So in the wintry phases of the successive glacial periods, these great quasi-human lout-beasts prevailed. With uncouth cries and gestures they hunted and killed. They were, in their adult form, much bigger and heavier than men. The clumsy hands that battered out the Chellean implements were bigger than any human hand. Skilled knappers can forge the relatively delicate implements of the later palæolithic men with the utmost success, but the sham Chellean implement is as difficult as a subhuman eolith. The Chellean implement is the core of a great flint; the later human implement is a flake struck off from a core.
      The creature called Homo sapiens emerges from among the earlier Hominidæ very evidently, as another of those relapses of the life-cycle towards an infantile and biologically more flexible form, which have played so important a role in the chequered history of living things. He is not the equivalent of the clumsy adult Heidelberg or Neanderthal man. He is, in his opening phase, the experimental, playful, teachable, precocious child, still amenable to social subordination when already sexually adult. The ever changing conditions of life had less and less tolerance for a final gross overbearing adult phase, and it was cut out of the cycle. That primordial gross adult Homo disappears, and gives place to a more juvenile type, that much the record shows very plainly, but the phases and manner of the transition remain still open to speculation. All varieties of Homo sapiens interbreed, and there may have been a continuous interbreeding among the earlier species of the genus. Intervals of isolation may have produced Neanderthaloid, negroid, fair, dark, tall and short local variations still able to interbreed—in the same way that the dogs have produced endless races that can and will mongrelise when barriers break down. Families and tribes may have warred against each other and the victors have obliterated their distinctiveness by mating with captive women. Comparative anthropology slowly disentangles this story of the way in which the now unnecessary primordial adult Homo, for all effective purposes, faded out, leaving as his successor the childlike Homo sapiens, who is, at his best, curious, teachable and experimental from the cradle to the grave.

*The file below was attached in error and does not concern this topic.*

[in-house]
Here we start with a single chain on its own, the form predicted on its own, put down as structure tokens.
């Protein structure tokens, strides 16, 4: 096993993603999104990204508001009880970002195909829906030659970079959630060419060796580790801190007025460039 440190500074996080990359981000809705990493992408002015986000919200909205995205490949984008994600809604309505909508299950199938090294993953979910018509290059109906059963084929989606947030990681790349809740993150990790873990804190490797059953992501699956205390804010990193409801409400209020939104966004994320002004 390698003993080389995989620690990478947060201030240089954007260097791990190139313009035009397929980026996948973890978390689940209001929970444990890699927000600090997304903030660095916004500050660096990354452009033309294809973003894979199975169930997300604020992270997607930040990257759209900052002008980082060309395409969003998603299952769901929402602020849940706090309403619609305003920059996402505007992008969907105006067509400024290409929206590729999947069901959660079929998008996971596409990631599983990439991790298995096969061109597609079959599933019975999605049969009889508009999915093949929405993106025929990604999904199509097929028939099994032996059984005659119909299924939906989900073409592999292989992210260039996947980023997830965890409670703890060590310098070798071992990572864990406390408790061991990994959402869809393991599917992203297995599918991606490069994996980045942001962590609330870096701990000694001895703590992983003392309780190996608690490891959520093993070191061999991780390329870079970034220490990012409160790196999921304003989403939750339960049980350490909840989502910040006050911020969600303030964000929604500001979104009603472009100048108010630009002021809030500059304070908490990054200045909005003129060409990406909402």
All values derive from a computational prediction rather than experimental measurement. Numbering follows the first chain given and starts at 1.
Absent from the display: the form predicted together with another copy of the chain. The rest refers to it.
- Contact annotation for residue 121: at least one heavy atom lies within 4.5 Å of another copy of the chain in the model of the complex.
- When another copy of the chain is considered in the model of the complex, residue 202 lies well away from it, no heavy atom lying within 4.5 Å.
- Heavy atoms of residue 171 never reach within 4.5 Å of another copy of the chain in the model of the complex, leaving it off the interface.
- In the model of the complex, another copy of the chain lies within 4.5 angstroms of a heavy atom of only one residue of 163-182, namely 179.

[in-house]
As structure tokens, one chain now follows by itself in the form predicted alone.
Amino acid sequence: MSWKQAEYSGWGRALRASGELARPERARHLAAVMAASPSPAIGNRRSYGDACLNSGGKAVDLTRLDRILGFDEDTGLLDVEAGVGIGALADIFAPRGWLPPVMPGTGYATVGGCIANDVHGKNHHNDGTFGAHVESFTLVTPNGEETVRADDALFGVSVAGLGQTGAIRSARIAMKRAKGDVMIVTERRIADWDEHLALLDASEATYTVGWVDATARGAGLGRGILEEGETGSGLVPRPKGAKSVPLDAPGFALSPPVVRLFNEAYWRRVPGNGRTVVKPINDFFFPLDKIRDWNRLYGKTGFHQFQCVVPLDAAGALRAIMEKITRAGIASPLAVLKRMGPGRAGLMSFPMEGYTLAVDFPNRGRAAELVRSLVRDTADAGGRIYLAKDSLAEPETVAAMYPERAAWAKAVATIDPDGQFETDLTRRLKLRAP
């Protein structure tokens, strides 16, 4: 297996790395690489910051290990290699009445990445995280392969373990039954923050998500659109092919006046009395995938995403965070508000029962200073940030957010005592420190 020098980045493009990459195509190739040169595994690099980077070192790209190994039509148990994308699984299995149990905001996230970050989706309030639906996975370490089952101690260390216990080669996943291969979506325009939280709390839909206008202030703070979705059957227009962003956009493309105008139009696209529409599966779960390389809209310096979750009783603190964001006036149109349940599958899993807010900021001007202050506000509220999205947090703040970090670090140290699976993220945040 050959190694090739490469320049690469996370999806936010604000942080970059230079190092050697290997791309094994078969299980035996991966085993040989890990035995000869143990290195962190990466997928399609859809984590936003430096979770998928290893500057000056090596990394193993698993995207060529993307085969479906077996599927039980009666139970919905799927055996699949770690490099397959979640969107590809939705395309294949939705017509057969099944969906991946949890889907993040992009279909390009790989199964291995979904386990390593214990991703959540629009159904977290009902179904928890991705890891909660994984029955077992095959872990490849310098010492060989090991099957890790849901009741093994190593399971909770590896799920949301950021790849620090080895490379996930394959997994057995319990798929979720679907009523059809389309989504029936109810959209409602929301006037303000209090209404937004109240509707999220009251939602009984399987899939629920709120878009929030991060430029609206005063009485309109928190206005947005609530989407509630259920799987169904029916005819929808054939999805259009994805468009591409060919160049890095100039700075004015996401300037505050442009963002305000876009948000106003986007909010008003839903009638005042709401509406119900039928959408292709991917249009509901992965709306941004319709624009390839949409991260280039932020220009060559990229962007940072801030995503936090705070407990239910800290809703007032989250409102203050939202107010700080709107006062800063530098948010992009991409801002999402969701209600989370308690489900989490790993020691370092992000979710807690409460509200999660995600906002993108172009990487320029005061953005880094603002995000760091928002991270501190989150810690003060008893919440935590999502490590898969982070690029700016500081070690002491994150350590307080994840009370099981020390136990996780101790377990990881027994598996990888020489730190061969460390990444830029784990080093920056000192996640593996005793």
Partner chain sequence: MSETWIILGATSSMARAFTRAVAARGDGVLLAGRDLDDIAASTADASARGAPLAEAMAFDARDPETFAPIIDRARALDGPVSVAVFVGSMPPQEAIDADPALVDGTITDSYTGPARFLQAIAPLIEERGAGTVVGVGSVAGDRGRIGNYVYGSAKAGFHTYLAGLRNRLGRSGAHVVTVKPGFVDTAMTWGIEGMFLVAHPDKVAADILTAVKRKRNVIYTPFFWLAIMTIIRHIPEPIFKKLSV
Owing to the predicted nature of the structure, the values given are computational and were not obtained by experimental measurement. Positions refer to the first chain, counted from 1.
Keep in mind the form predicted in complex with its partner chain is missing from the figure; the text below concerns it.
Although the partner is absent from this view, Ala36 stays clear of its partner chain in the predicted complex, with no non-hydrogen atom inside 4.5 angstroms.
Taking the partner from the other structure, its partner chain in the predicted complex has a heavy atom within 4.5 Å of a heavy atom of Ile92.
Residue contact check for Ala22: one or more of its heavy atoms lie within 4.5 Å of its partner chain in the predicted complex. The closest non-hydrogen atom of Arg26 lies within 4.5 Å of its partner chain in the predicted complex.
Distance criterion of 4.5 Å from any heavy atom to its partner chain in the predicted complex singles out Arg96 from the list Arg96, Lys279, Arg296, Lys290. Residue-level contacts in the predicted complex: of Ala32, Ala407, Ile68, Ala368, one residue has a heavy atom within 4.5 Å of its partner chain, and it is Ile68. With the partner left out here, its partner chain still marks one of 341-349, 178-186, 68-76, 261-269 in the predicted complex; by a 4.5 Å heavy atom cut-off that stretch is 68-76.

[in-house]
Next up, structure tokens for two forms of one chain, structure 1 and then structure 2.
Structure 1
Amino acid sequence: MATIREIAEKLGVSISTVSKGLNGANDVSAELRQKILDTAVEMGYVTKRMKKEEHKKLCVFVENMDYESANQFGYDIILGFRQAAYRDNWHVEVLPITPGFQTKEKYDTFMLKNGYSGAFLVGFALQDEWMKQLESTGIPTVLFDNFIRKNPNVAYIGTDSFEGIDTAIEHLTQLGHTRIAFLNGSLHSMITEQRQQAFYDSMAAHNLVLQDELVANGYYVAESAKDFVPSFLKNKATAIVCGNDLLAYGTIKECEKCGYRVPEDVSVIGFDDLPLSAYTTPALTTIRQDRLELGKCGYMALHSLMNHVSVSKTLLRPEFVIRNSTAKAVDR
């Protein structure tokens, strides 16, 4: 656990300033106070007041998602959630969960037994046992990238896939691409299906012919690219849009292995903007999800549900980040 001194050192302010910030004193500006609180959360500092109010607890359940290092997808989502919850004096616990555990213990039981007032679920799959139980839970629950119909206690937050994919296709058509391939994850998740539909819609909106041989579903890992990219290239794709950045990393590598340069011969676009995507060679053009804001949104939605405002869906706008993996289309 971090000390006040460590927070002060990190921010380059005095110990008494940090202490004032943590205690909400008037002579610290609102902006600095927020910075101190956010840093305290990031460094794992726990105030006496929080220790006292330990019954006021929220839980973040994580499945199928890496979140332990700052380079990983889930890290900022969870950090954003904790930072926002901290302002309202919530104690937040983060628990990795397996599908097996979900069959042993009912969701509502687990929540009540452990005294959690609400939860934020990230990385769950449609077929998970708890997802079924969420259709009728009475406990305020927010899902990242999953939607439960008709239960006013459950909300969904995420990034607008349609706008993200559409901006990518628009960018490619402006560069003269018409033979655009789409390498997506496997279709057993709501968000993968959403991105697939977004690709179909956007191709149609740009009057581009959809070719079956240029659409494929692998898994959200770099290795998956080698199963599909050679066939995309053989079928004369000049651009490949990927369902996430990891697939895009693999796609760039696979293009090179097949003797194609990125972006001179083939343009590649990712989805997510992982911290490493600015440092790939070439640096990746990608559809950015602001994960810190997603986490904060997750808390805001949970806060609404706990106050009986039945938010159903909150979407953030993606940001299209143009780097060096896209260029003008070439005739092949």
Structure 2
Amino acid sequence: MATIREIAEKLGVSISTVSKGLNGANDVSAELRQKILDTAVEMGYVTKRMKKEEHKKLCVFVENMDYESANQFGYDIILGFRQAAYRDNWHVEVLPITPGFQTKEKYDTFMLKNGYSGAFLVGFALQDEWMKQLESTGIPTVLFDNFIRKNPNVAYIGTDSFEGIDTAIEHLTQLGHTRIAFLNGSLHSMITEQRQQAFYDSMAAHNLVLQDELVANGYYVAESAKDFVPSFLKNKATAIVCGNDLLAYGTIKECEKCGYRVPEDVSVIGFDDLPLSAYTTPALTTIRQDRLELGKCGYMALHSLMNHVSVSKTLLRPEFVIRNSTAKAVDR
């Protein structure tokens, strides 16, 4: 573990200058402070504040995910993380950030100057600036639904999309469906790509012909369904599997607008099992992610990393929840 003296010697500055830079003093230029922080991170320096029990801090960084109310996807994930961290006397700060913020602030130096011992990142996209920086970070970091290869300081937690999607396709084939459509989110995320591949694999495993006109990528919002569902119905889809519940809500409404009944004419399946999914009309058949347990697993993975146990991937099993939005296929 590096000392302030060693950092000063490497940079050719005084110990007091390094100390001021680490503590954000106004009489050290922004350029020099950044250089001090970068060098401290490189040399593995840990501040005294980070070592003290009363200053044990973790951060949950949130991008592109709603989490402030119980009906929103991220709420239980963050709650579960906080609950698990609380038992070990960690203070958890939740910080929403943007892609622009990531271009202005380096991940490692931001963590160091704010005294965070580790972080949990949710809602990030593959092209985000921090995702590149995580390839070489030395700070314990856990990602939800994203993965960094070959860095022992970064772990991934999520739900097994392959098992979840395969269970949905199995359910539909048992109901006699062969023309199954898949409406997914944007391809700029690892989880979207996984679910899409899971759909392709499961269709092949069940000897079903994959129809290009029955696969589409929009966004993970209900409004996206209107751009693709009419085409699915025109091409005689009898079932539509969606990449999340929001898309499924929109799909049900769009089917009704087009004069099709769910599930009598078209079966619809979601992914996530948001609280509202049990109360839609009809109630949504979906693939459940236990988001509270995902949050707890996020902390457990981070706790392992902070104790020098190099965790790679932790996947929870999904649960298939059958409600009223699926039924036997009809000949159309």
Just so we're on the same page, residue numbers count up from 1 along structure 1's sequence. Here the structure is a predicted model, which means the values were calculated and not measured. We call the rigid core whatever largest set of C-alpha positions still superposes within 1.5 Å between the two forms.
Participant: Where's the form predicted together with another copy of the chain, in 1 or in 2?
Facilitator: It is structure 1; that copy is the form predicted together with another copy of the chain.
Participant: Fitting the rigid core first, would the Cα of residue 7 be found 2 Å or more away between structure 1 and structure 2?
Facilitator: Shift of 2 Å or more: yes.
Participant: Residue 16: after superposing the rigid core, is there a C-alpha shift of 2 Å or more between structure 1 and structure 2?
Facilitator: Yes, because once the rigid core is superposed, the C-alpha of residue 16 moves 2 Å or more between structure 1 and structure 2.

These words "at his best" are the gist of this section. It is possible that there are wide variations in the mental adaptability of contemporary mankind. It is possible that the mass of contemporary mankind may not be as readily accessible to fresh ideas as the younger, more childish minds of earlier generations, and it is also possible that hard imaginative thinking has not increased so as to keep pace with the expansion and complication of human societies and organisations. That is the darkest shadow upon the hopes of mankind.
      But my own temperament makes it unavoidable for me to doubt, as I have said, that there will not be that small minority which will succeed in seeing life out to its inevitable end.


H G Wells - Mind at the End of its Tether 1945

Mind at the End of its Tether. H.G. Wells   1945